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Clinical and Therapeutic Implications of Fibrosis in Hypertrophic Cardiomyopathy

Information source: Tufts Medical Center
ClinicalTrials.gov processed this data on August 23, 2015
Link to the current ClinicalTrials.gov record.

Condition(s) targeted: Myocardial Fibrosis; Hypertrophic Cardiomyopathy

Intervention: spironolactone (Drug)

Phase: Phase 4

Status: Recruiting

Sponsored by: Tufts Medical Center

Overall contact:
Martin S Maron, MD, Phone: 617 636-8066, Email: mmaron@tuftsmedicalcenter.org


Hypertrophic Cardiomyopathy (HCM) is the most common genetic cardiomyopathy and remains the leading cause of sudden cardiac death in young people and an important cause of heart failure symptoms and death at any age. In HCM, pathological remodeling of the left ventricle involving myocardial fibrosis is likely a major contributor to cardiac dysfunction and also a nidus for the generation of ventricular arrhythmias. Serum markers of collagen turnover have been shown to reliably reflect the magnitude of myocardial fibrosis in a variety of cardiovascular diseases. In addition, aldosterone antagonist drugs have been shown to decrease fibrous tissue formation in the myocardium in certain pathologic cardiovascular states in which aldosterone production is increased. In HCM, aldosterone production is up-regulated and has been implicated in the formation of myocardial fibrosis. Therefore, the specific aims of this proposal are to: 1. assess serum markers of collagen turnover at baseline and correlate these findings with a variety of clinical and morphologic disease parameters 2. examine the effects of a 12-month treatment with the aldosterone antagonist spironolactone on magnitude of fibrosis as measured by serum markers of collagen turnover as well as changes in clinical and morphologic disease parameters. The results of this proposal will offer important insights into the clinical significance of myocardial fibrosis in this primary genetic cardiomyopathy. The demonstration that spironolactone decreases fibrosis and improves clinical course would provide the rational for a larger multicenter clinical trial evaluating this novel therapy for improving clinical outcome in patients with HCM.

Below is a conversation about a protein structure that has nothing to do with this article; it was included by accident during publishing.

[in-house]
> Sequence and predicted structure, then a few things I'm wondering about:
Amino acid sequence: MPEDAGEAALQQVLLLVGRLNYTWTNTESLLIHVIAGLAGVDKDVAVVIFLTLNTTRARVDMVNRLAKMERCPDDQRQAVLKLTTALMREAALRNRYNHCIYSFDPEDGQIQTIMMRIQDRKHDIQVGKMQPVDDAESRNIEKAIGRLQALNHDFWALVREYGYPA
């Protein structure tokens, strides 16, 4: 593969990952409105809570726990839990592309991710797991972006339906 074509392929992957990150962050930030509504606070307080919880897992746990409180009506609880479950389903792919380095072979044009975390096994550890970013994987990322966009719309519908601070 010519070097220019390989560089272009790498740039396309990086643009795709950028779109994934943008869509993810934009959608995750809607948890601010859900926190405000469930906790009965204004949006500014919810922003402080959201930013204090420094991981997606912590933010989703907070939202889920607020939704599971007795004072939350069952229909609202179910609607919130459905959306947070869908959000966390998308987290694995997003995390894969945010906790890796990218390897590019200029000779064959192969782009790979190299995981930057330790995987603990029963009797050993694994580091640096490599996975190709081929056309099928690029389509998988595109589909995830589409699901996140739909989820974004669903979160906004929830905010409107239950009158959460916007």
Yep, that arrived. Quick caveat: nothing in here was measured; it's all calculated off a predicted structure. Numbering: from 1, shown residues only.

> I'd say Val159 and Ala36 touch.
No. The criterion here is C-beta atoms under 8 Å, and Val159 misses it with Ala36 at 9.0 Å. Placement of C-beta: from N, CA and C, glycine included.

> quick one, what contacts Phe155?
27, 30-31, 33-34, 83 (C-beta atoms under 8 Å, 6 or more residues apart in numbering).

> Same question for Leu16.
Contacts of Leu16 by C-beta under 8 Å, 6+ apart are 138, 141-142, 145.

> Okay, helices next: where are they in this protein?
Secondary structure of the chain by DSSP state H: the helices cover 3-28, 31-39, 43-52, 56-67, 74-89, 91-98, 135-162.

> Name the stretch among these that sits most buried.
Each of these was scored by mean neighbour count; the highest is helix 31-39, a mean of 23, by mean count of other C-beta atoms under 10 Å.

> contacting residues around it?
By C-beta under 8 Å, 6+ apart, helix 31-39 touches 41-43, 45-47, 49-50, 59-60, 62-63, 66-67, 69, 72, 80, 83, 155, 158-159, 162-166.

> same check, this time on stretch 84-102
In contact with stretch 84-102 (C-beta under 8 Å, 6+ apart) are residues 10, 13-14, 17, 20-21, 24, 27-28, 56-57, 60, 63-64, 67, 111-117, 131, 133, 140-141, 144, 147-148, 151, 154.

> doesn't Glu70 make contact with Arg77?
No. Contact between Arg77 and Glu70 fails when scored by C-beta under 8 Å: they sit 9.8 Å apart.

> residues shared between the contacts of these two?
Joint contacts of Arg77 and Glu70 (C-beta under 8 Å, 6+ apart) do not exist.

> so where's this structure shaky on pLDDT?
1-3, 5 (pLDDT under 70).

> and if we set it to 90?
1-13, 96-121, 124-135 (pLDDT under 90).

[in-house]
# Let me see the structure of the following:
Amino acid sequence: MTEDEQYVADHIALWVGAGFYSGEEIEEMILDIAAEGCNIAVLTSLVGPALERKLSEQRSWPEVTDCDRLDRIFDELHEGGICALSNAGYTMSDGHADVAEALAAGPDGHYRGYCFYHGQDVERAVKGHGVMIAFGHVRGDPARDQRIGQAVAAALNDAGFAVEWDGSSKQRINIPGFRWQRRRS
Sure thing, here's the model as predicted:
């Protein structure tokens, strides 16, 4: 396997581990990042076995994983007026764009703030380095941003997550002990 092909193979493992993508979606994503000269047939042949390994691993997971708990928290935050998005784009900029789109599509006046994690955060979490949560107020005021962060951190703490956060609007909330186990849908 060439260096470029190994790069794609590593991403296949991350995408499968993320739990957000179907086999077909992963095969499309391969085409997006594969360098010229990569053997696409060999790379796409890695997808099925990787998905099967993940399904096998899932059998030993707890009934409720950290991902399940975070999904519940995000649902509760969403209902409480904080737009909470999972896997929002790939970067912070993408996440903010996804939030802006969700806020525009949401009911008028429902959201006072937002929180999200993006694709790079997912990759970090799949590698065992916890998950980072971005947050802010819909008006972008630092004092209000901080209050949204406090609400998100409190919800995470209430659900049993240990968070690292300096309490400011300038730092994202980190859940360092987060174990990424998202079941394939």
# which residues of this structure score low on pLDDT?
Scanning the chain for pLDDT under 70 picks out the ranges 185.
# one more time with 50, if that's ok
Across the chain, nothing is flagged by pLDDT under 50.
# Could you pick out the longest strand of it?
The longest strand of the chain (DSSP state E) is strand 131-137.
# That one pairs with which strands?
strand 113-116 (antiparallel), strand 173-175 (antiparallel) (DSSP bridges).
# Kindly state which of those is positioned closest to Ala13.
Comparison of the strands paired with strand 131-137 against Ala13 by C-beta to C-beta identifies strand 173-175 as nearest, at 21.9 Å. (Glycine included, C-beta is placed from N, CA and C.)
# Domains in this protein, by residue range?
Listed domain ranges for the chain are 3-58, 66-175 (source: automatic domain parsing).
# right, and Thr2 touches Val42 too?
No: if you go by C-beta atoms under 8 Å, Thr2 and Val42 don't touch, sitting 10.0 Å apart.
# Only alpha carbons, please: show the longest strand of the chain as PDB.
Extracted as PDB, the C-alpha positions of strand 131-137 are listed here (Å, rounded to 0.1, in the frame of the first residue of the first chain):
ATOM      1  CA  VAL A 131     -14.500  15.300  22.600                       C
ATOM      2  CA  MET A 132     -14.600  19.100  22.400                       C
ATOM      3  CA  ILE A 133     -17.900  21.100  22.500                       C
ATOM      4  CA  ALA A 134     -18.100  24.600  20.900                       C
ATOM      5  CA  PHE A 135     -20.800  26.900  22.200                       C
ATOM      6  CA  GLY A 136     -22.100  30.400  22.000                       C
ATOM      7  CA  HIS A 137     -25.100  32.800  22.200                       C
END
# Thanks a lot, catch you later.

Clinical Details

Official title: Clinical and Therapeutic Implications of Fibrosis in Hypertrophic

Study design: Allocation: Randomized, Endpoint Classification: Safety/Efficacy Study, Intervention Model: Parallel Assignment, Masking: Double Blind (Subject, Caregiver, Investigator, Outcomes Assessor), Primary Purpose: Treatment

Primary outcome: changes in serum markers of collagen turnover

Secondary outcome:

measures of diastolic function by echocardiography

cardiac mass and fibrosis by cardiac magnetic resonance imaging (CMR)

exercise tolerance by exercise VO2max and Holter


Minimum age: 18 Years. Maximum age: 70 Years. Gender(s): Both.


Inclusion Criteria: 1. Hypertrophic cardiomyopathy 2. Able to swallow pills 3. No prior septal reduction therapy 4. Negative serum or hCG pregnancy test Exclusion Criteria: 1. Unable or unwilling to perform treadmill cardiopulmonary exercise test 2. Prior surgical myectomy or alcohol septal ablation 3. Known or suspected infiltrative or glycogen storage disease 4. Significant coronary artery disease, defined as atherosclerotic coronary artery narrowing >70% of the luminal diameter by coronary angiography 5. Severe obstructive pulmonary disease, defined as forced expiratory volume in 1 second (FEV1) <50% of predicted. 6. Prior intolerance or adverse reaction to aldosterone receptor antagonist. 7. History of hyper or hypoaldosteronism 8. Baseline serum potassium >5. 0 mmol/L. 9. Calculated creatinine clearance <30 ml/min using Cockcroft-Gault formula. 10. Pregnant or breast feeding 11. Poorly controlled systemic hypertension, defined as systolic blood pressure ≥150 mmHg or diastolic pressure ≥100 mmHg, during 2 clinic visits. 12. Known conditions associated with elevated serum concentrations of PIIINP (e. g., chronic liver disease, diabetes mellitus, tumors, pulmonary fibrosis, bone and rheumatoid diseases, extensive wounds) or PINP (e. g., alcoholic liver disease, metabolic bone disease, thyroid disorders), including recent trauma (≤2 weeks) or surgery (≤6 months) 13. Taking drugs known to directly influence collagen metabolism including, amiodorone, ACE or angiotensin II inhibitors, aldosterone antagonists, statins, glucocorticoids and estrogens 14. Patients with ICDs/pacemakers will be recruited in the study, but will be excluded from the CMR component.

Locations and Contacts

Martin S Maron, MD, Phone: 617 636-8066, Email: mmaron@tuftsmedicalcenter.org

Tufts Medical Center, Boston, Massachusetts 02111, United States; Recruiting
Martin S Maron, MD, Phone: 617-636-8066, Email: mmaron@tuftsmedicalcenter.org
James E Udelson, MD, Phone: 6176368066, Email: judelson@tuftsmedicalcenter.org
Martin S Maron, MD, Principal Investigator
Additional Information

Starting date: November 2007
Last updated: April 8, 2009

Page last updated: August 23, 2015

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